FDA rejects Ocular Therapeutix' resubmission for post-surgical eye pain therapy Dextenza

Ocular Therapeutix announced that the FDA issued a complete response letter regarding its resubmitted marketing application for Dextenza (dexamethasone) for intracanalicular use to treat ocular pain occurring after ophthalmic surgery. The company's shares fell more than 25 percent on the news.

In the letter, the FDA referred to deficiencies in manufacturing processes and analytical testing uncovered during a pre-approval inspection of the company's production site that was completed in May. Earlier this week, Ocular Therapeutix submitted a response intended to address all observations included in the inspection report issued in May, along with details of a manufacturing equipment change as an amendment to its new drug application (NDA) resubmission.

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Ocular Therapeutix noted that while the FDA acknowledged receipt of the amended NDA, the regulator did not have the opportunity to review it prior to issuing the complete response letter. The company also pointed out that the letter did not identify any efficacy or safety concerns with respect to the clinical data for Dextenza, or any need for additional clinical trials for the NDA approval.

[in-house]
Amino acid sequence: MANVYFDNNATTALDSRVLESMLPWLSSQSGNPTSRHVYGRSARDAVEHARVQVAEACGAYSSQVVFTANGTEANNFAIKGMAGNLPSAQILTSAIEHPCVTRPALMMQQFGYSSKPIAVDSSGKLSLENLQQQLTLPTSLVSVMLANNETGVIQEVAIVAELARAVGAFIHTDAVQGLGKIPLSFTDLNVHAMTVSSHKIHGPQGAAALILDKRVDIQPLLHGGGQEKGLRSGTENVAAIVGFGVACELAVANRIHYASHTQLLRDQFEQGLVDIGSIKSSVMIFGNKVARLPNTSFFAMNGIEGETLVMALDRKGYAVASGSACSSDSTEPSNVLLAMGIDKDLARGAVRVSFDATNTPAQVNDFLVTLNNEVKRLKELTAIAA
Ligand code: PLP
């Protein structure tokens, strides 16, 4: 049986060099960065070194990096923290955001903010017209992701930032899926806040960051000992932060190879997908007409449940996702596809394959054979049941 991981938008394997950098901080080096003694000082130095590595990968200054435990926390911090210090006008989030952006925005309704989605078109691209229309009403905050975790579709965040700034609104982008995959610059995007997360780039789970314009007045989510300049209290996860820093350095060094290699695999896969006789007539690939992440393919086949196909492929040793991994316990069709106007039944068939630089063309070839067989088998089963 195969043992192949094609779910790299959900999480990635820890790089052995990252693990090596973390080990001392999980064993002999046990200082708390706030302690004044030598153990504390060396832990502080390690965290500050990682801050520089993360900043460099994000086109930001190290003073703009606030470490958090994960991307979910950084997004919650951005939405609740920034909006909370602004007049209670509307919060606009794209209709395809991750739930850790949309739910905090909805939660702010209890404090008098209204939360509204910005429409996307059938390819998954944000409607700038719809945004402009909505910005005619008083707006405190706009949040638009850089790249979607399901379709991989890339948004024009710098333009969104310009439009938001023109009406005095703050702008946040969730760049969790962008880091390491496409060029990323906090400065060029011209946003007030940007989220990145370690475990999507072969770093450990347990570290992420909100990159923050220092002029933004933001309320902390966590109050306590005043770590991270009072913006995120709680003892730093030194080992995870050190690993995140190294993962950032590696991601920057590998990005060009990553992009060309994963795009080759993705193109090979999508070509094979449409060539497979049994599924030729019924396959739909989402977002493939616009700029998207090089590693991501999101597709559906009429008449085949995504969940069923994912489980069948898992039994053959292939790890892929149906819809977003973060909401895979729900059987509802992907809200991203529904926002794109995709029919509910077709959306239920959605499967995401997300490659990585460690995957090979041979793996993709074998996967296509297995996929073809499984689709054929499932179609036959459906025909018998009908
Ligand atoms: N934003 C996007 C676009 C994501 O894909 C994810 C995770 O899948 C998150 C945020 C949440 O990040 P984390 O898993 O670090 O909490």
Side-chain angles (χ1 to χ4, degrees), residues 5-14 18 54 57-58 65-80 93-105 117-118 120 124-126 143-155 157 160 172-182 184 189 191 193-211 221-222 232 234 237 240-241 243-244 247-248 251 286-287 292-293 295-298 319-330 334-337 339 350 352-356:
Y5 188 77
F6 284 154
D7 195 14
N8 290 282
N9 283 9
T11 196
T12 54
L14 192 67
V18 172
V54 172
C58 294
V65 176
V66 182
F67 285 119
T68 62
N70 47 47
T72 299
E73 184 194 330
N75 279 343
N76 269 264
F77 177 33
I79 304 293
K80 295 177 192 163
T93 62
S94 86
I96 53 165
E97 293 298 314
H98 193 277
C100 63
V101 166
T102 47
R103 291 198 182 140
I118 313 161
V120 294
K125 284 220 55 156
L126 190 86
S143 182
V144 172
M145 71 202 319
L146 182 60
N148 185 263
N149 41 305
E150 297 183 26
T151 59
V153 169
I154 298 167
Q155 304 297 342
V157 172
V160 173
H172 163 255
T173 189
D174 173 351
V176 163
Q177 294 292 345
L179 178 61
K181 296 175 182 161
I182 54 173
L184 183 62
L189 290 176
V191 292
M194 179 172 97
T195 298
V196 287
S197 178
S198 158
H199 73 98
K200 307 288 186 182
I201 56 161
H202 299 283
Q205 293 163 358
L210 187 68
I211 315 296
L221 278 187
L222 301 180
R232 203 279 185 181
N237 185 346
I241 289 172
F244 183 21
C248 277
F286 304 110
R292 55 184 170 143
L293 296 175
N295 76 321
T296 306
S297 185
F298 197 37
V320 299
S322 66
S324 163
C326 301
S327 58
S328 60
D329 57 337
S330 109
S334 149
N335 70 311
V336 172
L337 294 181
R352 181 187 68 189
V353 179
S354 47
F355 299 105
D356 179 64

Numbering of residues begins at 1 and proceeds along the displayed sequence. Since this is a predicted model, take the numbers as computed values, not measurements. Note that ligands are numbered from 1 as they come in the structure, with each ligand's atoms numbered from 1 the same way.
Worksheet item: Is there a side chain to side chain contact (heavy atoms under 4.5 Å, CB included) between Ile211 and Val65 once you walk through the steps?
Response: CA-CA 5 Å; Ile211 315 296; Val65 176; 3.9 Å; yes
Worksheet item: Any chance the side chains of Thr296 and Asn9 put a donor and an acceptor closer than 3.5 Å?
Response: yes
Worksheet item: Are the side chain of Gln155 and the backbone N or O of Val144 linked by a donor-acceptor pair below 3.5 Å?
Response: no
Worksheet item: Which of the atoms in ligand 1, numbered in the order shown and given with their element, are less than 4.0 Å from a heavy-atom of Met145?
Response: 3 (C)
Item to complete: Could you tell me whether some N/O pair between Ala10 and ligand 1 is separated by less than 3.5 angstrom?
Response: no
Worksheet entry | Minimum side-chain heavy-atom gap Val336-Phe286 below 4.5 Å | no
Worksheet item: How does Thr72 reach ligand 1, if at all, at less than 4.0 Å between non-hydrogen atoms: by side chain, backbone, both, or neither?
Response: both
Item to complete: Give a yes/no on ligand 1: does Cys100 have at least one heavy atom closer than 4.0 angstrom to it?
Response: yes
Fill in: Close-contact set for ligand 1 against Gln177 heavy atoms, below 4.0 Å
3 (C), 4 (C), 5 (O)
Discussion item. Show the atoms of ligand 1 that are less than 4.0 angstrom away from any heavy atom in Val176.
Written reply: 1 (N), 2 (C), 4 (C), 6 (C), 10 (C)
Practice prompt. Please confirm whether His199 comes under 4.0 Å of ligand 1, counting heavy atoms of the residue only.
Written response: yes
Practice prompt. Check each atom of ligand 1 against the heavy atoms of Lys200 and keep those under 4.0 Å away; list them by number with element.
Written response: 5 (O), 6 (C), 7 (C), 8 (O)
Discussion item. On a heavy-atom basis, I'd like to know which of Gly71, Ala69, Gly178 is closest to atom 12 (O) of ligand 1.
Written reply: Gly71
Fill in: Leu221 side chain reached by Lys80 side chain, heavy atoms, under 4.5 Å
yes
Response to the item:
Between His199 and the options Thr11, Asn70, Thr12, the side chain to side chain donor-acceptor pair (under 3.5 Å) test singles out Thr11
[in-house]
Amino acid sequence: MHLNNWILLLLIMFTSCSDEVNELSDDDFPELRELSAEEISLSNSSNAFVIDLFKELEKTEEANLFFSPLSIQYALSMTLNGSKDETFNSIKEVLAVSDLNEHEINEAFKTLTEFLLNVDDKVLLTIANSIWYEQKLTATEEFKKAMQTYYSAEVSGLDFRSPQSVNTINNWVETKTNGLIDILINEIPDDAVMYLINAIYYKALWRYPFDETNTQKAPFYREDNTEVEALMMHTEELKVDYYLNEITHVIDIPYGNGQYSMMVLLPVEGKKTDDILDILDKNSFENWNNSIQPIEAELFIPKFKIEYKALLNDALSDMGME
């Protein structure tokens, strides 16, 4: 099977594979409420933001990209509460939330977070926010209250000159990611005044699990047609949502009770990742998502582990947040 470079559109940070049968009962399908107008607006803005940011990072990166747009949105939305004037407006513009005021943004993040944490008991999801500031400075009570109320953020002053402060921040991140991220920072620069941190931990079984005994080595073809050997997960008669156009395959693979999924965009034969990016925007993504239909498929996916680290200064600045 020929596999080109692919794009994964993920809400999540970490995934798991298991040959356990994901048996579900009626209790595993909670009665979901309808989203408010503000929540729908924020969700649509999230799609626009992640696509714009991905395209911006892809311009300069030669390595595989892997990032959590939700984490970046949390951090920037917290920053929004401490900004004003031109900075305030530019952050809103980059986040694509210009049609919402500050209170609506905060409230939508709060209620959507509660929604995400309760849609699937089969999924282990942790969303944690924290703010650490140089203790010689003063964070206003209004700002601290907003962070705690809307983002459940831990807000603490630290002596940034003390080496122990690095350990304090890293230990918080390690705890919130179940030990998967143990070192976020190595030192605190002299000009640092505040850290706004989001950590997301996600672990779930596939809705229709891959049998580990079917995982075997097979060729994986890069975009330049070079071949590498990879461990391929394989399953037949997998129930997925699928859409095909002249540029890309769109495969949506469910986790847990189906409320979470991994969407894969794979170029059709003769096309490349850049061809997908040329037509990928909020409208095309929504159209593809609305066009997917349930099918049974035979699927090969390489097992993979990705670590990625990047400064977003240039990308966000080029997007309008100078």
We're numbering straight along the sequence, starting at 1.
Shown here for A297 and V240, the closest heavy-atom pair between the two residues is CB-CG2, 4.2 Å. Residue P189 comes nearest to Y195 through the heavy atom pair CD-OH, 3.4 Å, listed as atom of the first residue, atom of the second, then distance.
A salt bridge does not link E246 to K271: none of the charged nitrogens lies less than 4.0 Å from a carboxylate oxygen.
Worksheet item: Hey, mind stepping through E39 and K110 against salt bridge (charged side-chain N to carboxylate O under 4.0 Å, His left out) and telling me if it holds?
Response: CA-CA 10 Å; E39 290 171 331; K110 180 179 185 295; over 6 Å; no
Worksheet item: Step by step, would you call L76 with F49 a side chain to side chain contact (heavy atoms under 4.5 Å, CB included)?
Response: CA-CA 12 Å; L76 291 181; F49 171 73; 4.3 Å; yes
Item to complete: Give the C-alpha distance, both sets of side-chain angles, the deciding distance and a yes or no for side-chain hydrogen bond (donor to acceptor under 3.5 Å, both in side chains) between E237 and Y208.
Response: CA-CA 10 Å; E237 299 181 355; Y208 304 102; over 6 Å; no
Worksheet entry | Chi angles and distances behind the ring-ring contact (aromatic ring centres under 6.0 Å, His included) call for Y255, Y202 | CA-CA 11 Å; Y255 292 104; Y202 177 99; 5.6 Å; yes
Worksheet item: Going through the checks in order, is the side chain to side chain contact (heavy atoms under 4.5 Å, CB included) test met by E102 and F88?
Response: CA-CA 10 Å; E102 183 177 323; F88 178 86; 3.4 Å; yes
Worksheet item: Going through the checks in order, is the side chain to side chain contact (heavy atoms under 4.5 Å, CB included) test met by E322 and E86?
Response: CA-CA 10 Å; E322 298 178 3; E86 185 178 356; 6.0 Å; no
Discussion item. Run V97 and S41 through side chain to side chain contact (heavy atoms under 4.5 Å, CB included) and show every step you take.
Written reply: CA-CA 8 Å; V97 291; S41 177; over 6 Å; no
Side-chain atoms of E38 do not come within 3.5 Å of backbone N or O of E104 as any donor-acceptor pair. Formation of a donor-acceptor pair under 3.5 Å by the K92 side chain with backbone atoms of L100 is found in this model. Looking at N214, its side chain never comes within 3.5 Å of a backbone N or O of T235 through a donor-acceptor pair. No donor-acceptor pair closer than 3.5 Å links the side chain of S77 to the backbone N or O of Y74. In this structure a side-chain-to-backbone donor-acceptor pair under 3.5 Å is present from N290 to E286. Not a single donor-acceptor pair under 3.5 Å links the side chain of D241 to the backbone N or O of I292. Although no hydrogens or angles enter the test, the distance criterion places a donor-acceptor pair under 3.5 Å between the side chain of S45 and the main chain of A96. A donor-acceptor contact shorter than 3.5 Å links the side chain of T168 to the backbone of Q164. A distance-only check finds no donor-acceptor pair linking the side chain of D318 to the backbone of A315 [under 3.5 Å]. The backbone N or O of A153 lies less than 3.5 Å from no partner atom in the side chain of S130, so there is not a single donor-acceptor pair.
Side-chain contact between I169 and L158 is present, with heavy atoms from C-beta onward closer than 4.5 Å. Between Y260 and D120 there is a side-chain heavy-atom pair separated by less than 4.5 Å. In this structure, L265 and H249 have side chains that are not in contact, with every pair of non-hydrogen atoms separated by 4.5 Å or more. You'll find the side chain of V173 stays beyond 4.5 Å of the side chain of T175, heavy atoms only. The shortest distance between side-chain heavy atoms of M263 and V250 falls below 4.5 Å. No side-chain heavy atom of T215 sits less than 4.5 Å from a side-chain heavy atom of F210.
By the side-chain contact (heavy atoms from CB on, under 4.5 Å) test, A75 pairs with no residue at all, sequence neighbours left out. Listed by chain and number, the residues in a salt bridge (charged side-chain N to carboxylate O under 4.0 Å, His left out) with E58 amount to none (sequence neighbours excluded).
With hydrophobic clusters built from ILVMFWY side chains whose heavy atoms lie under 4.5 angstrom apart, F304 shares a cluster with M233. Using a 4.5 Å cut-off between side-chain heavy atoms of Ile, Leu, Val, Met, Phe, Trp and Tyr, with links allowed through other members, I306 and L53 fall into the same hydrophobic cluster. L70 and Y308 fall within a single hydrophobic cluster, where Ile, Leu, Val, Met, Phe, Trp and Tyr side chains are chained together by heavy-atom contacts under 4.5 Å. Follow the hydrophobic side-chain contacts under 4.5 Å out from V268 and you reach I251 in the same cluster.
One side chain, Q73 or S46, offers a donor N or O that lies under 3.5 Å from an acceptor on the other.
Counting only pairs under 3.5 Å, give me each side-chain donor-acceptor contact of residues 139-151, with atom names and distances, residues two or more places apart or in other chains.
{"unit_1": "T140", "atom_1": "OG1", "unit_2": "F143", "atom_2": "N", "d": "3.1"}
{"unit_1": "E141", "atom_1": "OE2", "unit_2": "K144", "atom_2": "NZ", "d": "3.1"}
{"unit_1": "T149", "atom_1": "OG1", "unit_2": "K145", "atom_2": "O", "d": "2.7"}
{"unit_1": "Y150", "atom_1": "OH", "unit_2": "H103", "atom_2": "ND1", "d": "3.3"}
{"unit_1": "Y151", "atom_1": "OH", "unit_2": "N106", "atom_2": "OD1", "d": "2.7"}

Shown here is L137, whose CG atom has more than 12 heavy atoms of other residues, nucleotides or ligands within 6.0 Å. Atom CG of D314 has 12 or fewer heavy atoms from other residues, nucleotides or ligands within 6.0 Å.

CEO Amar Sawhney remarked that "we are evaluating the FDA's response and plan to work closely with the agency in an effort to satisfy the requirements related NDA." He added "we believe that Dextenza can be approved once these open manufacturing items are resolved."

The FDA initially declined to approve the product in July 2016, citing deficiencies in manufacturing processes and controls found during a pre-approval inspection of its production facility. The Dextenza insert is designed to be placed through the punctum into the canaliculus, where it delivers dexamethasone to the ocular surface for up to 30 days.


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